After a year of war in Ukraine, there are about as many Russian soldiers dead or injured as reported for the “special military operation” a year ago. What for? President Putin explains why, again and again. There are even two reasons: to restore an intact Russian homeland; and to protect the security of the nation as a strategic power that NATO is existentially threatening. The West rejects both as absurd; not with arguments, but from the firm standpoint that these — not exactly frivolous — reasons are nothing but mere justifications not deserving any serious consideration whatsoever.
Oh, if only they were! Taken seriously, by what they say, these reasons are actually revelations about what monstrous imperatives “homeland” and “strategic power” are.
After the first year of war, Ukraine is devastated; the government has sacrificed a significant portion of the population to its fight against the Russian invasion. What for? President Zelensky explains it daily in the most drastic terms: if people were not steadfastly killing and dying on all fronts, Ukraine would no longer exist as an independent state. That is supposed to justify all sacrifices in a way no one can possibly disagree with, it is supposed to be the ultimate good reason for war.
And there is some truth in this. The champion of defending one’s country reveals what a monstrously murderous affair it is to create, preserve, and save a veritable nation. When he accuses the Russians of “genocide,” he is also specially emphasizing that what the inhabitants of his territory live for is to be a people, i.e., completely subsumed under the “national identity” that is defined and practiced by their rulers.
A year after Chancellor Scholz’s “historical turning point,” the West is surveying the costs of its anti-Russian intervention in Ukraine. There is the damage it has organized to the global economy and to its own economic growth as well. There is its presumably long-term expenditure on weapons and the fiction of a Ukrainian national budget. There is the influx of refugees it is managing. The damage and casualties on the Ukrainian side are also taken into account. What is it all for? Those in charge cannot explain it often enough: they are mobilizing all this force to save the European peace order, in fact global peace. What a noble cause! What proof of a selfless sense of responsibility!
Also: what an admission! The West insists on ensuring order in the world of states. This requires a monopoly on the use of military force, a monopoly that cannot be had without heedlessly deploying superior military force. Or rather, heeding one thing: that the costs, the attrition, the inevitable fatalities should be the problem mainly, if not only, of others.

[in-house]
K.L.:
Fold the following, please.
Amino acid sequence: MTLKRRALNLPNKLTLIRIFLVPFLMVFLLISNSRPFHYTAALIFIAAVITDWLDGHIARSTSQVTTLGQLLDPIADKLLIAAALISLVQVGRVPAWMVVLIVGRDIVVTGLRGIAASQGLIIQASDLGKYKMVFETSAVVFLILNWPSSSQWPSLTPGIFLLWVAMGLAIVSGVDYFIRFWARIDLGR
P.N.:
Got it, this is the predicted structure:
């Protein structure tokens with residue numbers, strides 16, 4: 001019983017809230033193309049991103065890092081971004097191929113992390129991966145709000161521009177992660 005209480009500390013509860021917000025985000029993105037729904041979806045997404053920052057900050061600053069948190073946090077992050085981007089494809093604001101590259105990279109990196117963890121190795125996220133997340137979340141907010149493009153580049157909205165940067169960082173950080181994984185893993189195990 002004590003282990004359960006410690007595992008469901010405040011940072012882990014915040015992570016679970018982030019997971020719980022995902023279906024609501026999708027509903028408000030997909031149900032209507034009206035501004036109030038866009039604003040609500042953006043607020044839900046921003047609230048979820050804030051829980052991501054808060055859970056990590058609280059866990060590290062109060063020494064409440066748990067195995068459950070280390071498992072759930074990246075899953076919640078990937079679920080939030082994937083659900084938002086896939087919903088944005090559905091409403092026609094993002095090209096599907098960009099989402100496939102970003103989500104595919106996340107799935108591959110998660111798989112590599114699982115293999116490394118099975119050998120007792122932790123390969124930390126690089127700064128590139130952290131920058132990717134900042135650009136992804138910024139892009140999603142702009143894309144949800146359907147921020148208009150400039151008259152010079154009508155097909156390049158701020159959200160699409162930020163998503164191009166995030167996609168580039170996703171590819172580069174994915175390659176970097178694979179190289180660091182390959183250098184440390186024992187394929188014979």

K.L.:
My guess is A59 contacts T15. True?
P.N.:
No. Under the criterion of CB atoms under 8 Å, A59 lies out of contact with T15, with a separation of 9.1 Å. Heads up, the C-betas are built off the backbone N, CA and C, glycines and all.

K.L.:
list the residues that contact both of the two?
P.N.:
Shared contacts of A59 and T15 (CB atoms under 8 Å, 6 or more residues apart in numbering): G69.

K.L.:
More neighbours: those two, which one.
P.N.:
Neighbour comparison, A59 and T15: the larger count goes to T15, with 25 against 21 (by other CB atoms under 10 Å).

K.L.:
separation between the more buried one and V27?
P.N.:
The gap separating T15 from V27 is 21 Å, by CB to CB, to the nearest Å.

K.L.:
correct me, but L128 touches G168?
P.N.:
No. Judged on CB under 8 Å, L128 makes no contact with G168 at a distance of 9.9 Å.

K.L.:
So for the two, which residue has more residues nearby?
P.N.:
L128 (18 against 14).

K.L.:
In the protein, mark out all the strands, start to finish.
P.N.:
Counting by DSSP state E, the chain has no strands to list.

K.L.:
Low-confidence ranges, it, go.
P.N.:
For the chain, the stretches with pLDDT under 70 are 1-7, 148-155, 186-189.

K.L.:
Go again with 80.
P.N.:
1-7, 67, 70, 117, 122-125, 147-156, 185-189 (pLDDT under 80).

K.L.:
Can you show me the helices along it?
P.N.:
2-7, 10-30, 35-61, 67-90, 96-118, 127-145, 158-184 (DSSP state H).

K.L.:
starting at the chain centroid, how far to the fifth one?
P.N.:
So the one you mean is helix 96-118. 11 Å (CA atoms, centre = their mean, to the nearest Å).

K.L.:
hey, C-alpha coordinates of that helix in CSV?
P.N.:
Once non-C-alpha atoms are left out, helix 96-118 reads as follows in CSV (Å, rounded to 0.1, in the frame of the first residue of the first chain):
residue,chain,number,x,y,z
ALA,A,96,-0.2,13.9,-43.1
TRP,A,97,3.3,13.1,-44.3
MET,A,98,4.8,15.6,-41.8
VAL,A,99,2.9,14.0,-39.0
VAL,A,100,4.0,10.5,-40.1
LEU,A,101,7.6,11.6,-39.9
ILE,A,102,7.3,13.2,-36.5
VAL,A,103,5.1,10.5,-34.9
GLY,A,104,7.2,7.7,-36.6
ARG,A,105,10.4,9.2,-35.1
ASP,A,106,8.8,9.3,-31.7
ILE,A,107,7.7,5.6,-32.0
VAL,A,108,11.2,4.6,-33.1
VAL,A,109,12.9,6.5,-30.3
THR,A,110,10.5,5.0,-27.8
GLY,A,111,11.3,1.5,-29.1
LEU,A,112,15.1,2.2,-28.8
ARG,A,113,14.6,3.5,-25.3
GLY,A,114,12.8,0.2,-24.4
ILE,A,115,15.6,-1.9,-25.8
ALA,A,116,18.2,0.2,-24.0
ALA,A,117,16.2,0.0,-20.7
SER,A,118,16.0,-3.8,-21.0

And finally: for a year now, the makers of the war in Ukraine have all been constantly declaring that it is absolutely necessary for them to wage or take part in this war. Why? Because the other side is maliciously assaulting the sacred good that one is going to war for oneself. Each party is only re-acting to an unacceptable threat, to a brutal aggression.
And if this is actually the case? If each party’s vital state interests are incompatible with the other side’s? If each party sees its vital interests as giving it inalienable rights that do not merely justify using force to the extreme, but in fact demand it? All the adversaries claim to have to go to war and to be absolutely entitled to do so. And this reveals one thing: the incompatibility of the rationale they are pursuing as military powers. That is to say, the substance and purpose of what constitutes one side’s nation, global power and corresponding world order, is incompatible with the same thing on the enemy’s side.
So the war in Ukraine is necessary, and those who invoke this necessity and accordingly make war take it as a good reason to get down to killing and destroying. What else?! They wouldn’t be what they are — the responsible executors of their state’s existential interests — if they didn’t take their function for granted, which without any question includes affirming these interests unconditionally. Their office is based on the premise of professionally saying yes to their nation’s legal claim to assert its reason for existence against any obstacle ruthlessly using all available force. This affirmation is also the principle of the “false consciousness,” the wrong thinking, that this office requires, that is, of the patriotic sense of responsibility they exercise their official duties with. Conversely, the good reasons that rulers and commanders cite for their militancy indicate the real necessity of the war, its being grounded in the imperialistic nature of the powers involved. All one has to do is cross the affirmation out from the justifications that are propagated, cross the good out from the good reasons constantly being reeled off. Then it will also be easier to understand the overwhelmingly cynical calculations of the political leaders and their strategists which are being implemented in the course of the war. So that one saves oneself the mistake of empathizing with the decision-makers, as well as an equally wrong incomprehension of how they could make such decisions.
This is what the journal GegenStandpunkt has been aiming at in the four issues of war year 2022. The current issue continues with an article on the West’s response to the phase of warfare that the Russian side opened up last fall.
© GegenStandpunkt 2023